So, we’ll do some pre-negotiating before they even send me a link or any music and then we’ll negotiate before any of that happens so nobody’s wasting their time with passing things back and forth and we couldn’t agree on anything yet.
I also like some services that have creative departments that can match their music with the details of my lists. It really helps when I’m extremely busy.
You’ve touched upon it before, how do you see technology or the Internet influence your job as a music supervisor?
Music Supervisor Dominique Preyer: Technology has definitely been a plus in expediting the process of clearing music. Just to be able to receive MP3s via links, especially when I’m in a crunch – those are times where I have less than twenty four hours to get a certain number of songs cleared, approved and to the editors to put them in the film.
Publishers, record labels and songwriter email me or place it on their website where I can download music within minutes, allowing us to start the negotiation process.
Is there a specific etiquette as to how someone should approach you?
Music Supervisor Dominique Preyer: I’m pretty open about everything, except I have a little problem when somebody calls me and tries to sing me their music over the phone. I don’t like it. I also don’t like it when someone tries to give me their history about when they were 3 years old and this and that happened.
Instead I prefer if the person just introduces themselves by name and asks if they may send me some music. Keeping it simple, so to speak.
I am pretty much an open-door-type of person and I really enjoy getting music from people – it’s pretty exciting to see what people are doing out there, so I’m open to just about anything.
How do you organize your stack of music at home given that you receive new shipments every week? Do you listen to them all?
Music Supervisor Dominique Preyer: There’s definitely a lot of music and sometimes I can’t go through all the CDs and MP3’s. Nevertheless, when I get them I try to keep them categorized. That is, I separate by genre – Rock CDs, Country, Hip-Hop, etc.
That way if I suddenly need something or I am watching a film where I need to place music, I go back to the stack of Hip Hop CDs for example and somewhere there’s a hidden gem. And sometimes I say, “Oh I remember that song on that CD.” Let me pop it in and try it and see if it works, if not then I’ve got another one.
There are times when I’m just doing paperwork for one film and I’m listening to music that could work in another film, so I’ll just have CDs playing while I’m doing my paperwork.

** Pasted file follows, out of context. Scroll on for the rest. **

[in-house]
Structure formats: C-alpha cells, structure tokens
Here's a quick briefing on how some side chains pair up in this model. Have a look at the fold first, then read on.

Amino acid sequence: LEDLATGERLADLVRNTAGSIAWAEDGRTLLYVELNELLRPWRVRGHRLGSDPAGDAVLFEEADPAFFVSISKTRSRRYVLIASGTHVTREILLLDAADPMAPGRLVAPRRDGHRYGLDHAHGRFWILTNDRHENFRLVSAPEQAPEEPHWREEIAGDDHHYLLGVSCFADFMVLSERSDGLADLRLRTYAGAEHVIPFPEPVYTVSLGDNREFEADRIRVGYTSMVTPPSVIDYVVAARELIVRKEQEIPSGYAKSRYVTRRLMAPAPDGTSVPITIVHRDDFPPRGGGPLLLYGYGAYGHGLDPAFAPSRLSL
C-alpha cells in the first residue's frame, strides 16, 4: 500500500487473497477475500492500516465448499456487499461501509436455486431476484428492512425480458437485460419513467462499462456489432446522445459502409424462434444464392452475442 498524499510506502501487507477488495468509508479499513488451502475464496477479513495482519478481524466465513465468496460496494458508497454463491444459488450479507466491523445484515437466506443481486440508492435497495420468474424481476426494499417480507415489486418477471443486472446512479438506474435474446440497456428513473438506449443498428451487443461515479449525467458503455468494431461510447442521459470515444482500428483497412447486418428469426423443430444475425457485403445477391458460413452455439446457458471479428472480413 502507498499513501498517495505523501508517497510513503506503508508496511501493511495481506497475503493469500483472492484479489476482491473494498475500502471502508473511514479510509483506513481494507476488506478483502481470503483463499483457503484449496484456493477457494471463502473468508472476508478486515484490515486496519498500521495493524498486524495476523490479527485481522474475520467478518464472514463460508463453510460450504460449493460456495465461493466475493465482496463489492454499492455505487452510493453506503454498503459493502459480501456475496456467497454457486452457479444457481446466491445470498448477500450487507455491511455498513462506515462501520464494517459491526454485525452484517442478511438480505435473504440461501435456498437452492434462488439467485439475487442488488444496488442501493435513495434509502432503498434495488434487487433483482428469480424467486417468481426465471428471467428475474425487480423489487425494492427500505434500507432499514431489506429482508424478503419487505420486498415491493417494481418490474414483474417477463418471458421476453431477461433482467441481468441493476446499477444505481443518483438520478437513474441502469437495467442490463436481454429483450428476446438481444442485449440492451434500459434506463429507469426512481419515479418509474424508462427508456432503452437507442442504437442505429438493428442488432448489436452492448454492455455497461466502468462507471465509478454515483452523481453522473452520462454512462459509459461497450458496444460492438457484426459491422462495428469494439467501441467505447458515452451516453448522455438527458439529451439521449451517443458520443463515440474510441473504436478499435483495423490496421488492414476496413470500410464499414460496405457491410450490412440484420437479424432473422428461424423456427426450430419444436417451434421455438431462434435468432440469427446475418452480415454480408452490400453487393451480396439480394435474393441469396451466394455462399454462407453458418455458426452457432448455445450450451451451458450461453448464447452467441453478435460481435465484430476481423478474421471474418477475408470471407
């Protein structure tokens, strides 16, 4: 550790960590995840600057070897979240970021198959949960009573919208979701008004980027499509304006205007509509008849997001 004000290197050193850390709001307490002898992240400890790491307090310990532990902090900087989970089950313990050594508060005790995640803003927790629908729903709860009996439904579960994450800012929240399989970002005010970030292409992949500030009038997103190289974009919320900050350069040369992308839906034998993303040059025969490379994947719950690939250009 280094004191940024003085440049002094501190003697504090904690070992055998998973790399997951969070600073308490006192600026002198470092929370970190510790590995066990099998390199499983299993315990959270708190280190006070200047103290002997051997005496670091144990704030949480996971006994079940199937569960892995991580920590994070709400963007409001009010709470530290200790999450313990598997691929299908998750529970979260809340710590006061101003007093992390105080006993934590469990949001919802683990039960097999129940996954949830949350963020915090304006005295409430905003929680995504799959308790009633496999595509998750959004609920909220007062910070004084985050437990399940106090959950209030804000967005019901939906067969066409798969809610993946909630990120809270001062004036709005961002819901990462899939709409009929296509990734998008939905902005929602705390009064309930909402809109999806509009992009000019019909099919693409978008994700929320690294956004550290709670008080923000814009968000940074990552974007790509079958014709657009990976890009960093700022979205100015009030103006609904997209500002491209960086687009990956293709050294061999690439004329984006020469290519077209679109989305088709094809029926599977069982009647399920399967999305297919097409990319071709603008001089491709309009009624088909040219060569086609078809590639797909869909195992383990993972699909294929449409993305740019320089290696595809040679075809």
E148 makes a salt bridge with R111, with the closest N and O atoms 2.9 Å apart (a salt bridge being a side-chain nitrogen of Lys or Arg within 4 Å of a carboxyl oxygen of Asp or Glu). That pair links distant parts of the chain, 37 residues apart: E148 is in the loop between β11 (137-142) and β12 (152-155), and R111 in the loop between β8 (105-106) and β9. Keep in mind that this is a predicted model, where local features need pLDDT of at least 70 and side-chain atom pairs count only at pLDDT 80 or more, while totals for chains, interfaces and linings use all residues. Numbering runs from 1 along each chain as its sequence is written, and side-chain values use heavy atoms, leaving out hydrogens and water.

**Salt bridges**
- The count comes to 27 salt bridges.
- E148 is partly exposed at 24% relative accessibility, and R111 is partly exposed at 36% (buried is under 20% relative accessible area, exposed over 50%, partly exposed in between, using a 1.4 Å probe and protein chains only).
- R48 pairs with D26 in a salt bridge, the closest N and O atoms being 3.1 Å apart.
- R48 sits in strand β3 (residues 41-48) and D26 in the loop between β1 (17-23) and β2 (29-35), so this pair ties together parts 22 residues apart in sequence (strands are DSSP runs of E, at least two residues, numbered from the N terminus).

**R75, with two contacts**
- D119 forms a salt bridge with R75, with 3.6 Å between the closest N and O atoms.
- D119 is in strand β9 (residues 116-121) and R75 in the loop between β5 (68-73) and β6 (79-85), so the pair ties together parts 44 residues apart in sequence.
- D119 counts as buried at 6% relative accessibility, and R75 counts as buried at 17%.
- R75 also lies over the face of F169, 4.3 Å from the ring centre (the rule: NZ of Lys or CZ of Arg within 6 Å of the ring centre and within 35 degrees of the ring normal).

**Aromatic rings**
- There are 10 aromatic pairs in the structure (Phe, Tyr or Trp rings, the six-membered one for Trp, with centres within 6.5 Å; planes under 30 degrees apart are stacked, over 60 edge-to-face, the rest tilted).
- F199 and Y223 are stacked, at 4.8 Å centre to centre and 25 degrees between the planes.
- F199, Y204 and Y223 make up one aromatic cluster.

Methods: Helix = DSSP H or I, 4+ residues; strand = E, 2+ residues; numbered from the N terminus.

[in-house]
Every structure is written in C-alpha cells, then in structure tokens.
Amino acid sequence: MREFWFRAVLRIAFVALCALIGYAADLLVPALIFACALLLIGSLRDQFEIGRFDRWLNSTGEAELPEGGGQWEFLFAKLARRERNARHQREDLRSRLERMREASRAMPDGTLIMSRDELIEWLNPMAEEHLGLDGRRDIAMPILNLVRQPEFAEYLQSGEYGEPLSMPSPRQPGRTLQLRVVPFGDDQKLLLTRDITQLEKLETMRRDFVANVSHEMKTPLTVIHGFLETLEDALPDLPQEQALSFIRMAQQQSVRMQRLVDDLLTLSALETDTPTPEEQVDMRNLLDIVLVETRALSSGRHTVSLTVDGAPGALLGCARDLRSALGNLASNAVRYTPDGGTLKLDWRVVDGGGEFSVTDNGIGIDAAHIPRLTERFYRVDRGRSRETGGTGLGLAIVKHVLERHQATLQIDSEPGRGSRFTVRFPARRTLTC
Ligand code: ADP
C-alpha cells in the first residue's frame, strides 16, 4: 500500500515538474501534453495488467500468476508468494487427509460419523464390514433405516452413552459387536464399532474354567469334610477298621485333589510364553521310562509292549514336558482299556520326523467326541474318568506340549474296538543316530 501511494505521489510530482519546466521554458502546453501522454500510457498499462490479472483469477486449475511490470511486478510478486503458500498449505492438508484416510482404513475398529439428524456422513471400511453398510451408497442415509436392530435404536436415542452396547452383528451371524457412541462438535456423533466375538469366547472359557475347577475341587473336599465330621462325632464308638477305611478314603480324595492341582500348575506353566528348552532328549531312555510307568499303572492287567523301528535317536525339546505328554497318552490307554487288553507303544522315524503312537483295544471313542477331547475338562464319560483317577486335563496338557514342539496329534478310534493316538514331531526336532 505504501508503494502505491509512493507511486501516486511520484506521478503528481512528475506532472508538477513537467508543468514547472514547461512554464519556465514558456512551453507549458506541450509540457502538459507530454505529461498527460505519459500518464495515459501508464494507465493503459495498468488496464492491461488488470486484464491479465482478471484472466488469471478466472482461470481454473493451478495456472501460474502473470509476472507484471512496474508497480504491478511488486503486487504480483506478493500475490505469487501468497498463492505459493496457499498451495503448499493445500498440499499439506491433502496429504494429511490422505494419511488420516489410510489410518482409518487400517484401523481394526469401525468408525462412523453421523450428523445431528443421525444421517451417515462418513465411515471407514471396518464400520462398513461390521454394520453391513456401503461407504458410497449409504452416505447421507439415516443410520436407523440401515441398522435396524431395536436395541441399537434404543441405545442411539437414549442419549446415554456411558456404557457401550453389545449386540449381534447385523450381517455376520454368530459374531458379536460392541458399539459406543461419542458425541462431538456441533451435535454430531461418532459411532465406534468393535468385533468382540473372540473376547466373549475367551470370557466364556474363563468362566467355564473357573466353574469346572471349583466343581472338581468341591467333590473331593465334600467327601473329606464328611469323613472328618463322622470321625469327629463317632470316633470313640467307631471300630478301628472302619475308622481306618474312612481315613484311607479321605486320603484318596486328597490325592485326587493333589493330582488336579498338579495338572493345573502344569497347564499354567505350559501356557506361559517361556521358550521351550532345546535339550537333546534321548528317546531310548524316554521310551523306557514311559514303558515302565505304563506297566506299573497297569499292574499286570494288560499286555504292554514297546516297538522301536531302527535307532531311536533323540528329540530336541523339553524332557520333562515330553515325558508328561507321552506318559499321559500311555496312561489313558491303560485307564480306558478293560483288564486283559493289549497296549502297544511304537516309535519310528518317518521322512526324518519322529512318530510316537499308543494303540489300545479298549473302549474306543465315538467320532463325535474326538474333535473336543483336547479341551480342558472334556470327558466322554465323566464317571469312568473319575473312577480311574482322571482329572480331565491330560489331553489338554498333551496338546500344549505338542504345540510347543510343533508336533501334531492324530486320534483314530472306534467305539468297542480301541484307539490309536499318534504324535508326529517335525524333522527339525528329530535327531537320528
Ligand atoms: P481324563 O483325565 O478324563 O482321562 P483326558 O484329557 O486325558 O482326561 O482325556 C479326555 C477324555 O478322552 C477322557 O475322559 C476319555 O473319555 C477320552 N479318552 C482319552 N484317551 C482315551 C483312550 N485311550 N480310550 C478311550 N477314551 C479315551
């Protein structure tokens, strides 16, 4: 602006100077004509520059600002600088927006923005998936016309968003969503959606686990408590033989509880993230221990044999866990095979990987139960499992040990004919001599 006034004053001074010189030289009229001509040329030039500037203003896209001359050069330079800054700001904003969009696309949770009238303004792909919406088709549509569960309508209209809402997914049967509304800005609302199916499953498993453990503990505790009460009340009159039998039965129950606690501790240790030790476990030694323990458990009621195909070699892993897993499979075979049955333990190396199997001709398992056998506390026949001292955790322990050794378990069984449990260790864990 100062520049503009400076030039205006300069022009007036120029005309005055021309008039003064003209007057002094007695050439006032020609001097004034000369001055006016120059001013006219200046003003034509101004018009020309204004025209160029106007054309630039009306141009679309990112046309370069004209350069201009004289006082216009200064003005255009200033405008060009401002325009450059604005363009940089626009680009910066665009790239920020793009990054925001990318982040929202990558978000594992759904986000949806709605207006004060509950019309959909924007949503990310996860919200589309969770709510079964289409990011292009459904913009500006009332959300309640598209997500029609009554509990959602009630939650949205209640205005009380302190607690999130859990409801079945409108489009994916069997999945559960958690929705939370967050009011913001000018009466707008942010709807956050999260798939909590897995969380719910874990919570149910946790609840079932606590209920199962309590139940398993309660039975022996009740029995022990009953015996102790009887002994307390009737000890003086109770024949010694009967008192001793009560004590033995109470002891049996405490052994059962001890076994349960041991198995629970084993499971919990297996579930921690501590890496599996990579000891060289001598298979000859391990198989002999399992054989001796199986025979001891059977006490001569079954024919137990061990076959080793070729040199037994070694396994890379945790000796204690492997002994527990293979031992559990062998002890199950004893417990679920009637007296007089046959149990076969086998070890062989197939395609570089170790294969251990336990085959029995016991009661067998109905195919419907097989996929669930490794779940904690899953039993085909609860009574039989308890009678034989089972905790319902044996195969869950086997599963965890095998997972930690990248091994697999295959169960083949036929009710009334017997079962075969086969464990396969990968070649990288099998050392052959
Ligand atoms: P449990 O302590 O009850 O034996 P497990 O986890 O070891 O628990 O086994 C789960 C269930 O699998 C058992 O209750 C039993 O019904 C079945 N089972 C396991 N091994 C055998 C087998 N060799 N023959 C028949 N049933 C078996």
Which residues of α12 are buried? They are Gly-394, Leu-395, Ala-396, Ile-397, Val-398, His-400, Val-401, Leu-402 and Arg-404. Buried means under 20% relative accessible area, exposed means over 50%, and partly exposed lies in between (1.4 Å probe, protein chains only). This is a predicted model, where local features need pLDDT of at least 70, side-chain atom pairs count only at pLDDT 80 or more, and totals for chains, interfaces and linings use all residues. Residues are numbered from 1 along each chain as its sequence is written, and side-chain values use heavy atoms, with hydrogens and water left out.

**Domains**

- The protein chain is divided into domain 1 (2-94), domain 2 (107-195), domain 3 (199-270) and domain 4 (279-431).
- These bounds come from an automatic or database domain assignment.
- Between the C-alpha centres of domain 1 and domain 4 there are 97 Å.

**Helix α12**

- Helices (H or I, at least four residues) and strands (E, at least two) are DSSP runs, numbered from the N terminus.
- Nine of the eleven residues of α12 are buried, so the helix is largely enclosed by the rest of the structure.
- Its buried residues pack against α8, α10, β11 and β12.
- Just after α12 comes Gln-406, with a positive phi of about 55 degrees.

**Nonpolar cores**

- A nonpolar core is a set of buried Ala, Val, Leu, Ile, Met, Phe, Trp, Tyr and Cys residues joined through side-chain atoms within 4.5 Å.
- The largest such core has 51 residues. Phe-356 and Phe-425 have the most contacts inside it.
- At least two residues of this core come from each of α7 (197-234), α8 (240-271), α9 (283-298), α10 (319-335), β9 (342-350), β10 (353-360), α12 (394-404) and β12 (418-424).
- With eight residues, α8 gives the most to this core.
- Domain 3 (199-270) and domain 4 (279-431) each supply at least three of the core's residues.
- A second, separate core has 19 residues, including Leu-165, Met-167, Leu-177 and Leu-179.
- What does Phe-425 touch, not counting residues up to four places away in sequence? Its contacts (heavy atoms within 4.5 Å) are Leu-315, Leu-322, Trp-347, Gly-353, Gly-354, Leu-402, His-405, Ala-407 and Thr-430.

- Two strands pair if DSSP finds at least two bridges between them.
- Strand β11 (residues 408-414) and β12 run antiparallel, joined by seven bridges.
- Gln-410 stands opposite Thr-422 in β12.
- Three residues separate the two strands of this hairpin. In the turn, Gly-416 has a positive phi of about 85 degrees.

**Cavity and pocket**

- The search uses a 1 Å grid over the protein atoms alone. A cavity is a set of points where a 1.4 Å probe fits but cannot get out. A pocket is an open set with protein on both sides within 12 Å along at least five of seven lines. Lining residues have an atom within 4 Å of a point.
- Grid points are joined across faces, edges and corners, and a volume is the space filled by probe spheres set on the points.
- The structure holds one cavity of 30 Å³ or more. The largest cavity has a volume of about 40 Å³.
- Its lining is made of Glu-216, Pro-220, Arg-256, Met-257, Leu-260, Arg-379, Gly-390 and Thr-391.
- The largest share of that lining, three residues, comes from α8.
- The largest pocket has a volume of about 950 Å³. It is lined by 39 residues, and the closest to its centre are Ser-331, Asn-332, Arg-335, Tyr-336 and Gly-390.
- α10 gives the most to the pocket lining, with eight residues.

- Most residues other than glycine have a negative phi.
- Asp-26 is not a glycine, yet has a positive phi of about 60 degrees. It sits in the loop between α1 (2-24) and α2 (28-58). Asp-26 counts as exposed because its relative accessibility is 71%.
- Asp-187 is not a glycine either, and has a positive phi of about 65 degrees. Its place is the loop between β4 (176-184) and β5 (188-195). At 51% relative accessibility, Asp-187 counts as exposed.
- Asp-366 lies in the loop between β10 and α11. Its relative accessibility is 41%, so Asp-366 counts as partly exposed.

Many times if I heading out I’ll bring a few CD so I can listen in my truck. I make a mental note of anything that’s sounds good.
Are there any general trends that you see in the music supervision world?
Music Supervisor Dominique Preyer: There are a few things that I have seen over the last couple of years. One of the things is – and this is worldwide – is that the small independent songwriter bands are seeing more and more opportunities to get their music played on TV shows.
It’s become a very trendy thing to get the indie bands in films or shows like “One Tree Hill,” “The OC,” “Gossip Girl” and other shows and films. So the “small” guy is getting his or her opportunity right now. Because of that, major studios or major record labels and publishers are getting quite less money.
This trend is causing the majors to lower their licensing fees to be a little bit more competitive. It’s sort of a plus for filmmakers with a smaller budget.
What kind of music supervision can we expect from you in the future?
Music Supervisor Dominique Preyer: I’ve been seeking out television opportunities, and am currently working on a film that is slated for a Lifetime Network release. I’d also like to get into music supervising a weekly series or one of the HBO series. The process is a little bit different in television because TV works on a much faster pace with a short turnaround time and deadline.
Aside from that I would like to pursue perhaps some advertising opportunities and I would also like to do more documentaries. I love documentaries and I get intrigued by the story of a documentary. It feels very dynamic to me and has a real quality of some human life story that seems very fascinating.
About Dominique Preyer
Dominique Preyer has been a music supervisor on over 25 films in the US.
He offers music supervisor consulting services covering various aspects, including music clearance & licensing and music budgeting issues as well as contract/license agreement reviews, music conceptualization, composer selection, advice on hiring original music production teams, and music cue sheet generation.
Aside from that, Dominique is working on an in-depth workshop for filmmakers, composers, songwriters & musicians where he covers ‘Music Clearance & Licensing issues. For more information, please visit his company website at www.hearitclearit.com or http://www.spincyclefilms.com/dp/home.htm. Also check out his IMDB, LinkedIn profile or his film industry blog.